Photo Courtesy of Heather Farnan
May 16, 2018
This past week, the Atholton Robotics team, the Space RAIDers, participated in the FIRST Robotics Competition World Championships in Detroit, Michigan.
Although they did not win the competition, they came in 47th in their division, and it was considered an electrifying experience by all.
“It is unlike any event I have ever been to before,” said Mr. Lidard, the sponsor for the Robotics team. “It combines the excitement of a sporting event with the nerdiness of a Comic-Con with the thrill of basically going to Universal Studios.”
This year’s event marks the second time in a row that the Atholton robotics team has been invited to the World Championships, a monumental achievement considering that the team has only been in existence since for 11 years.
Every year, FIRST Robotics assigns the robot a different task. This year, according to Mr. Lidard, the competition was “based around a video game theme, and it required our robot to place milk-crate sized boxes on a big scale.”
Many of the team’s members spent this year busily working on the competition. Sophomore Benjamin Guo said that during the six-week build season, they worked primarily on the competition.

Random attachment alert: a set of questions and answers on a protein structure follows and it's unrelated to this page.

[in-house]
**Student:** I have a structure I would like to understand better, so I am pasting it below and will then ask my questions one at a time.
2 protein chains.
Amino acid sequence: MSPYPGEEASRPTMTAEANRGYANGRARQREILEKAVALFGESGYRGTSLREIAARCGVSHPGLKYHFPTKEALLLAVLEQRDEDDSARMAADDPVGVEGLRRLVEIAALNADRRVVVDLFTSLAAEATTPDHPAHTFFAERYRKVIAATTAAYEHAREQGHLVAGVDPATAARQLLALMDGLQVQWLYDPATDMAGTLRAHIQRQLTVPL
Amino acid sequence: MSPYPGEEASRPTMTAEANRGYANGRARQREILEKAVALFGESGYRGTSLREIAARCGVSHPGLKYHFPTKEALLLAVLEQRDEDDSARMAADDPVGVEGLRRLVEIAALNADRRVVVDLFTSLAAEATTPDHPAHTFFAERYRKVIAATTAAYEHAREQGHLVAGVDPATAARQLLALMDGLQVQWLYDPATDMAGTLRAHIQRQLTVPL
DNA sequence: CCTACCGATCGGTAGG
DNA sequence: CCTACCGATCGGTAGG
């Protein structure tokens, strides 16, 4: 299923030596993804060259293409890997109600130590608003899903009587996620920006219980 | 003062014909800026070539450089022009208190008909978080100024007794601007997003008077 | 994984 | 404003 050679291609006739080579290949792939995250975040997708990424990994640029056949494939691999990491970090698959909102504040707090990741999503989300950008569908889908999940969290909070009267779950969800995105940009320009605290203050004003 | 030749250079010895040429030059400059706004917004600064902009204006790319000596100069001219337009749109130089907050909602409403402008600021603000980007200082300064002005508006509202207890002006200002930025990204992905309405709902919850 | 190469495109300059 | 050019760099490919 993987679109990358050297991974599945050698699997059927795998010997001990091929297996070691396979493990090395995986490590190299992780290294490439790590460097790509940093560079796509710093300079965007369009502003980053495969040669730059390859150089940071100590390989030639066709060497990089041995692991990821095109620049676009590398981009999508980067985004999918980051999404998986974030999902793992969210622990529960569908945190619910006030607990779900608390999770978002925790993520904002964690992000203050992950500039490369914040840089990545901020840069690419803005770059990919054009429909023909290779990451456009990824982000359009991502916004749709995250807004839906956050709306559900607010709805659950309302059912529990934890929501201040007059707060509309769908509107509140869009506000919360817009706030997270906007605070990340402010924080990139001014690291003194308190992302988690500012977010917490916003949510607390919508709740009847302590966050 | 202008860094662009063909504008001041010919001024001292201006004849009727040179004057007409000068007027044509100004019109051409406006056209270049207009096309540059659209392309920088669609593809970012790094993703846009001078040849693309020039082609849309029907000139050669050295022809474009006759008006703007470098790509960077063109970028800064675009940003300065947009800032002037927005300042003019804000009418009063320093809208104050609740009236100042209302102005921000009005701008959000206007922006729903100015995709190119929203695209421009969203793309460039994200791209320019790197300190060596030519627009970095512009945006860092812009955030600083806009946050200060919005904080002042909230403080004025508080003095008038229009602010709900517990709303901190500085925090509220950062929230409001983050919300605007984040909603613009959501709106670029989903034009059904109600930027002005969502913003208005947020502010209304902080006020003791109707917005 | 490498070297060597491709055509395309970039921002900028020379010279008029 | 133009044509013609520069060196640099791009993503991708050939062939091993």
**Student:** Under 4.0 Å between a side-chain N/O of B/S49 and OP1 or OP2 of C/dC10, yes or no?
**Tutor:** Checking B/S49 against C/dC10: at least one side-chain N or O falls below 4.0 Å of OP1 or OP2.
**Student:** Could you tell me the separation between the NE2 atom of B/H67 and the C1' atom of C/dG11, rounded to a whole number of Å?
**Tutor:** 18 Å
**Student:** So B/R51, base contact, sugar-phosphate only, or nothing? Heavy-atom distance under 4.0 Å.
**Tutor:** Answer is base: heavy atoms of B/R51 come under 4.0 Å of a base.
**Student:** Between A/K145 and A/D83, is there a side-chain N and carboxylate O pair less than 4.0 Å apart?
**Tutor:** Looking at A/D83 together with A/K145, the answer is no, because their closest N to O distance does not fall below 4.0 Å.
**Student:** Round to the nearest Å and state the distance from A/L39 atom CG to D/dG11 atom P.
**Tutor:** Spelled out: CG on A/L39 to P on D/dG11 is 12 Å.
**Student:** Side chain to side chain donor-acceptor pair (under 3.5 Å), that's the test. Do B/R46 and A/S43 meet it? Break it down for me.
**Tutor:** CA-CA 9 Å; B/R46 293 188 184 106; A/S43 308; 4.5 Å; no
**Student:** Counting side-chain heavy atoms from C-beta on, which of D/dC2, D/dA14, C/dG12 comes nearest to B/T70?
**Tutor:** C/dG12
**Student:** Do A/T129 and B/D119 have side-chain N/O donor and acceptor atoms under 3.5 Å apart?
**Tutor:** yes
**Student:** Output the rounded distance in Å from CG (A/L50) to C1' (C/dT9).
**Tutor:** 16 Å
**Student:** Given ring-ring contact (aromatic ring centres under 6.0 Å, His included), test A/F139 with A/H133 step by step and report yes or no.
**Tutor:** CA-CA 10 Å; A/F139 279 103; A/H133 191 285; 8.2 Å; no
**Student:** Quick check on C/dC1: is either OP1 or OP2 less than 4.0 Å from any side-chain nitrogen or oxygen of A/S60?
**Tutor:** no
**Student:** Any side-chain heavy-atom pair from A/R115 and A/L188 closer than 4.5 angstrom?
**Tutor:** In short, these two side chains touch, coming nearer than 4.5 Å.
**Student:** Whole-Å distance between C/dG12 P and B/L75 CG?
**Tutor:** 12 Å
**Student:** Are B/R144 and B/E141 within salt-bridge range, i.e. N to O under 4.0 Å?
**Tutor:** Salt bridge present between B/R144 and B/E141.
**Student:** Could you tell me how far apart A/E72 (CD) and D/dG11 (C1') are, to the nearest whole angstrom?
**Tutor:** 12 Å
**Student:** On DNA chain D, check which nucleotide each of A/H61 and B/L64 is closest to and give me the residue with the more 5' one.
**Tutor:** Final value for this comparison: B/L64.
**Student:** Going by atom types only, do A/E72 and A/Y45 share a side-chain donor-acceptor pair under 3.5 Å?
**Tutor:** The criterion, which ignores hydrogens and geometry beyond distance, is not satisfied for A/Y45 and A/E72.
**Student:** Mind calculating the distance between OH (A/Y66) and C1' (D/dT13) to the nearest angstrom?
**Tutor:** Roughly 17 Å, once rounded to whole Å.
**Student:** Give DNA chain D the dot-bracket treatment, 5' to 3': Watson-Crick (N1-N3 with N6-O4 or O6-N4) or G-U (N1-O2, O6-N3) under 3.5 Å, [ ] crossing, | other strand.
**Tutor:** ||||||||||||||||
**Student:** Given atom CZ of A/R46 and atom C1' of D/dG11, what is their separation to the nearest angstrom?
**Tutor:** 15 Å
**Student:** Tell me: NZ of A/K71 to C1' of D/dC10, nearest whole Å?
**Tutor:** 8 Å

Each team is divided into sub teams, such as mechanical and electrical, that have their own tasks to carry out over the course of build season. During the competition, a few members go down in the pit to work on “tune ups and little fixes” said senior Heather Farnan.
Last year, the Space RAIDers earned 5th place in the World’s competition. Their competition consisted of delivering a gear to an airship and placing it on a peg.
Although World’s ends the competition season for this year, the team is not yet done working and competing: “We have off-season competitions the following year that use this year’s game, but are not official events,” Guo said.
Looking even further ahead, Mr. Lidard’s vision for the team extends even farther than any one competition or any on. “For the team, we are hoping to create a toolbox of skills where we have the know-how to create different drives, different mechanisms, different grabbers, different climbers, you name it,” he said. “We want all that to come together to create not only a well-rounded robot, but a well-rounded group of students as well. We want to get as many different people involved in order to have a small community within this larger community of Atholton High School.”